The Little Princess-1939

The Little Princess-1939

Director Walter Lang

Starring Shirley Temple, Ian Hunter

Scott’s Review #827

Reviewed November 6, 2018

Grade: B+

The Little Princess (1939) is a latter-day Shirley Temple film released when the child star’s popularity was clearly on the decline.

The film is also the first Temple production to be filmed in Technicolor and the last of her major successes. The picture is very good though not the first I would choose as a starting point in her collection: saccharin, wholesome, and predictable are adjectives to describe the film, but also just what audiences adore about the star’s cinematic projects.

Loosely based on a novel entitled A Little Princess by Frances Hodgson Burnett, the film was criticized at the time of release for straying too far from the original novel.

The time is the turn of the century in England and the backdrop is the Boer war. The setting of the film is a highlight for American audiences who were amidst the First World War and on the cusp of World War II allowing for a timely and relevant quality of the film.

In the story, Temple plays Sara, the wealthy daughter of a military Captain (Ian Hunter) who is left to reside in a well-to-do girl’s school when her father is called away to serve in the war. When he unexpectedly dies in battle Sara is left penniless and forced to work as a servant in the school she once attended.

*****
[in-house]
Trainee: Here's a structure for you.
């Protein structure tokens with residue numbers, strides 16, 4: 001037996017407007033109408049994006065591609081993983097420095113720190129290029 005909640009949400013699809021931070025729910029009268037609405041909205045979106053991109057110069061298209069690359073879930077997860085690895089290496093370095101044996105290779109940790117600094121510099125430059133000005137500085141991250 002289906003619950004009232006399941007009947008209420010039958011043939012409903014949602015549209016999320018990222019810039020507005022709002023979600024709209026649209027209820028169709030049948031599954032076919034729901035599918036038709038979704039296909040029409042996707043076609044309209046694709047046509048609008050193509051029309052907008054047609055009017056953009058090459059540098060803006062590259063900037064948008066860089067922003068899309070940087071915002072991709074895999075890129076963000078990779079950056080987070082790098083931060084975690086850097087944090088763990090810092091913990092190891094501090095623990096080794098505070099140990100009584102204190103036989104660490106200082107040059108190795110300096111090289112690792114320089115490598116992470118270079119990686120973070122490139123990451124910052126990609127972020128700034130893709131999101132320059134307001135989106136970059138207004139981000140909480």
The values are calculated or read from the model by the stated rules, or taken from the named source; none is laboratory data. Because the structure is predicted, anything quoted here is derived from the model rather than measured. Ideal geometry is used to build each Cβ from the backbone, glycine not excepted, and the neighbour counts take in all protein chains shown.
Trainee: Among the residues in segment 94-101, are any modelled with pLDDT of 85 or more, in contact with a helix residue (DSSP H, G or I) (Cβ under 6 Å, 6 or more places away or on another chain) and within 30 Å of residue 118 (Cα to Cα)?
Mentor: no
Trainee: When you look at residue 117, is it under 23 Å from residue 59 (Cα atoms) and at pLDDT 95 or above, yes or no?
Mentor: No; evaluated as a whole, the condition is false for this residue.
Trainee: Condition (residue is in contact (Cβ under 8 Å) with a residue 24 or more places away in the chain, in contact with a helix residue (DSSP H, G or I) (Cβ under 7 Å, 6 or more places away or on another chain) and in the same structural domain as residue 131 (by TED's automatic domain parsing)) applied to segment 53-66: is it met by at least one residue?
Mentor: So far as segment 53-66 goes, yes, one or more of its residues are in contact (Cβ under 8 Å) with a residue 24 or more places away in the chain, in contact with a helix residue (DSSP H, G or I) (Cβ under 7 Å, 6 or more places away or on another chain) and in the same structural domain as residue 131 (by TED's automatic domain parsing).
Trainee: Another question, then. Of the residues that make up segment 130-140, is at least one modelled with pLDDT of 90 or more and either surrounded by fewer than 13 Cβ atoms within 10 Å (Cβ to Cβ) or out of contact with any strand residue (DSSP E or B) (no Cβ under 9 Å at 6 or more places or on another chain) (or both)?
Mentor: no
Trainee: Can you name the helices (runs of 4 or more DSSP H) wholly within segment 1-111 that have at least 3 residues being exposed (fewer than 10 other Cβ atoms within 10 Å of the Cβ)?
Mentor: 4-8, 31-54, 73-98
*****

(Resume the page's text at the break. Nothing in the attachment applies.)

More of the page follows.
At first, treated like royalty by the staff her treatment gradually harbors resentment among the principals, especially the dastardly headmistress (Mary Nash). Sara keeps her chin up insisting that her father is not dead at all as she becomes determined to find him in a local hospital.

In the year 2018, Shirley Temple films mainly serve as a source of nostalgia versus any critical acclaim or cinematic dissection- what is the point?

Her films are a wholesome trip down memory lane back to a simpler time for many. Ironic that the film is the first color picture in the collection, this detracts from the enjoyment and adds too much of a modern element foreign to Temple fans.

My preference is for the black-and-white productions of the early and mid-1930s.

The supporting characters spice up The Little Princess quite a bit.

Most notable is Cesar Romero as neighbor Ram Dass, a man who fills the void that Sara needs due to the loss of her father. The chemistry between Romero and Temple is wonderful as the kindly Dass leaves warm blankets for Sara in a tender scene.

As the main villainous, common in Temple films, Mary Nash as Miss Minchin does her job flawlessly. Serving as the main foil, Nash provides the perfect blend of rigid mannerisms and the brunt of Sara’s tension.

The overall tone of The Little Princess (1939), hence the title, contains a riches to rags, Cinderella in reverse, type of story. The film is above average, but not the best in the bunch.

Venturing to say that the film is a forgotten work save for fans of the Shirley Temple series, it does what it sets out to do and entertains.

With drama, musical numbers, and a happy ending, the result is a similar experience to her many other films.

Gone With The Wind-1939

Gone With The Wind-1939

Director Victor Fleming/George Cukor

Starring Clark Gable, Vivien Leigh, Olivia de Havilland

Top 100 Films #15

Scott’s Review #201


Reviewed December 4, 2014

Grade: A

Gone with the Wind is the grand masterpiece of the sweeping epic drama.

The film is based on Margaret Mitchell’s best-selling novel. Set in the South (Georgia) during the Civil War era, it centers on the life of Scarlett O’Hara, a southern belle of cotton plantation Tara, and how she must struggle to keep her plantation alive after the South loses the war.